Wednesday, April 11, 2001
What are your favorite hymns?
Westville Village wants to know
What are the three hymns you love to sing the most?
To find the answer to that question, Westville Village in Lumpkin is conducting a survey to determine the most popular religious tunes for congregational singing. Everyone, regardless of religious background, is invited to submit a personal list.
The Westville Village staff asks individuals, especially those in Georgia and Alabama, to contact Westville with a list of their top three favorite selections. Only one list from each person will be accepted. A name is optional. Results will be reported in the next Westville newsletter and in the media.
"Hymns are the most common type of religious tune in America," said Matthew Moye, director of the living history museum near Lumpkin. "Hymns came into use in the South about 1800 and carried personal messages of joy, hope, diligence and forgiveness which appealed to the frontier settlers. The Protestant hymn thus became a common voice for Southerners who didn't see other humans very often."
It so happened that the advent of hymn singing coincided with a dramatic increase of slavery.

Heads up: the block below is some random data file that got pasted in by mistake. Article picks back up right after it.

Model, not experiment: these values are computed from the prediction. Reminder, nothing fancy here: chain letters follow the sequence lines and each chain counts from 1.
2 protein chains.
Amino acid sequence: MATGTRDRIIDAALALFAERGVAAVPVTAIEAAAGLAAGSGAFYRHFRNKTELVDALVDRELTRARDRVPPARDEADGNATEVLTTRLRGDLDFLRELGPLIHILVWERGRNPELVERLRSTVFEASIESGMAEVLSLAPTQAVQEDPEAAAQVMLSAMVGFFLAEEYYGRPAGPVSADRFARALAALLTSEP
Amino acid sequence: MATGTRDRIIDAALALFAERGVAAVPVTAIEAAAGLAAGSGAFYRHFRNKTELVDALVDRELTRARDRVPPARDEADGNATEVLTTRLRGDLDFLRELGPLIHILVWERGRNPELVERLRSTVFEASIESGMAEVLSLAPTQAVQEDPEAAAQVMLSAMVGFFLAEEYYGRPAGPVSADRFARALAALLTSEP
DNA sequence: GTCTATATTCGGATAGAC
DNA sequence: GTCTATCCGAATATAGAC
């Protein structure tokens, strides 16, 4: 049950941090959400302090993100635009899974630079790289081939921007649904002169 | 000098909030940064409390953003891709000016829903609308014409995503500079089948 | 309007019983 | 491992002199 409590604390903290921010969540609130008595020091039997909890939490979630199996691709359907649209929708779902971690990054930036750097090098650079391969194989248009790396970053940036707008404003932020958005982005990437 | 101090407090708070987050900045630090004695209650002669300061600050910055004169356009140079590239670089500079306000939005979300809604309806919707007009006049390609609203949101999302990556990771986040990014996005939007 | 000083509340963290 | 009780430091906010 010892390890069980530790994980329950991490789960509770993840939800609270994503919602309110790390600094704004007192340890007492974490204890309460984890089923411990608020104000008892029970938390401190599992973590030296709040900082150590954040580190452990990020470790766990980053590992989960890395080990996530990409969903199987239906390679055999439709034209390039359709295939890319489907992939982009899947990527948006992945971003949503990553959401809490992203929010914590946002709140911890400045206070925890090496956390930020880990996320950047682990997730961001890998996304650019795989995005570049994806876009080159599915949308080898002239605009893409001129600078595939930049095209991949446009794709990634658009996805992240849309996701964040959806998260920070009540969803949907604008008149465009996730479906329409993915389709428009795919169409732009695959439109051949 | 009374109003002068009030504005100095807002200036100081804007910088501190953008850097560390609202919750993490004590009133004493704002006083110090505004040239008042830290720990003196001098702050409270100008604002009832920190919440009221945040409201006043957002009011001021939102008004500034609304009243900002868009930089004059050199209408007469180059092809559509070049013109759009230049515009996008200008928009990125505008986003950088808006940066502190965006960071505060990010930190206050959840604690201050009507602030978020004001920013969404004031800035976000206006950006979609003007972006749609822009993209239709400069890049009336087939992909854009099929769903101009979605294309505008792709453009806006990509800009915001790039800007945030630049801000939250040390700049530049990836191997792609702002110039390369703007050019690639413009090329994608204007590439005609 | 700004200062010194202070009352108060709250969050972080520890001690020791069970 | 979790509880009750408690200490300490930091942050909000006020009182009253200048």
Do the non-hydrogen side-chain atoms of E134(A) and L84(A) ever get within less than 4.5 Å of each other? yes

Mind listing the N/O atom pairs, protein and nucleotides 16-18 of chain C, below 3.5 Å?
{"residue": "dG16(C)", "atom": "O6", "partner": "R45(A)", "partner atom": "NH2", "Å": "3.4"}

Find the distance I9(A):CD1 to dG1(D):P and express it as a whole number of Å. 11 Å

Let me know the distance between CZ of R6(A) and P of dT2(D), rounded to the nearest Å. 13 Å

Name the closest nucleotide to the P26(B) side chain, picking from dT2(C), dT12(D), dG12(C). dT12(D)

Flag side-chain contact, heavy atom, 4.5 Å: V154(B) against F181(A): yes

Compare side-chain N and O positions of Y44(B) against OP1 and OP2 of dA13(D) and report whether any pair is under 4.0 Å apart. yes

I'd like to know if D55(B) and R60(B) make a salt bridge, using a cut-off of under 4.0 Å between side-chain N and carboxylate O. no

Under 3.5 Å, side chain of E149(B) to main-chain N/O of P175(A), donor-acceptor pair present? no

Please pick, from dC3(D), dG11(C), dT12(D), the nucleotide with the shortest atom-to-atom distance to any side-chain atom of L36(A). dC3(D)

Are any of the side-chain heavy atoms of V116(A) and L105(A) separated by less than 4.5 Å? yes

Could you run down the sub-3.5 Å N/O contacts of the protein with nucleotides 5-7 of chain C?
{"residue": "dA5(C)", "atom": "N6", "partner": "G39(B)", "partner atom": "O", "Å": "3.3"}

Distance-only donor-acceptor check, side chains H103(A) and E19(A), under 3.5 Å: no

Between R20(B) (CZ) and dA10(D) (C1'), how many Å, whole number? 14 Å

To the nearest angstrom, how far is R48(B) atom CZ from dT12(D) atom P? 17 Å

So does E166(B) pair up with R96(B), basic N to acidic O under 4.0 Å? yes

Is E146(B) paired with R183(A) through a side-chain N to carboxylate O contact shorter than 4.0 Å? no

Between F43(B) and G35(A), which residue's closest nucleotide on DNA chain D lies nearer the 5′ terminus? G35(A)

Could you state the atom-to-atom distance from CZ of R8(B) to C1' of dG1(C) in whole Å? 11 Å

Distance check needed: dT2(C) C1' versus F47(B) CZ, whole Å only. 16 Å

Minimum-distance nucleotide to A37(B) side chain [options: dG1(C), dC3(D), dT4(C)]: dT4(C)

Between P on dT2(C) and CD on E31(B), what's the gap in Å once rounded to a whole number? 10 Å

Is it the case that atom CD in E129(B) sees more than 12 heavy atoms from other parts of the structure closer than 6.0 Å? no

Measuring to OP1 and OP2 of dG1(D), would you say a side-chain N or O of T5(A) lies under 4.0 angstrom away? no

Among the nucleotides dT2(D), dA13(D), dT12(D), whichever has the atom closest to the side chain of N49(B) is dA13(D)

"As a result of the invention of the cotton gin in 1793, cotton became a major fiber for cloth, Moye continued. "As demand for cotton increased, many more slaves were needed to tend the cotton fields. More slaves meant more opportunity for evangelizing and churches evangelized the slaves with hymns. These slaves responded to the promise of a better life in the hereafter. It was in these humble settings that the music of Europe and of Africa became intertwined."
There is little doubt that the impact of these blended Southern hymns pervades the music of the world now.
"Out of this traditional Southern bicultural cookpot came a wondrous string of musical forms, the likes of which the world had never seen before," Moye said. "Southerners really don't appreciate how important their creative culture is. We at Westville hope to call attention to the importance of the Southern ways of singing hymns."
Those wishing to submit their personal list of favorite hymns may send them to Westville, P.O. Box 1850, Lumpkin, GA 31815, call direct 229-838-6310 or toll-free 888-733-1850, or E-mail email@example.com.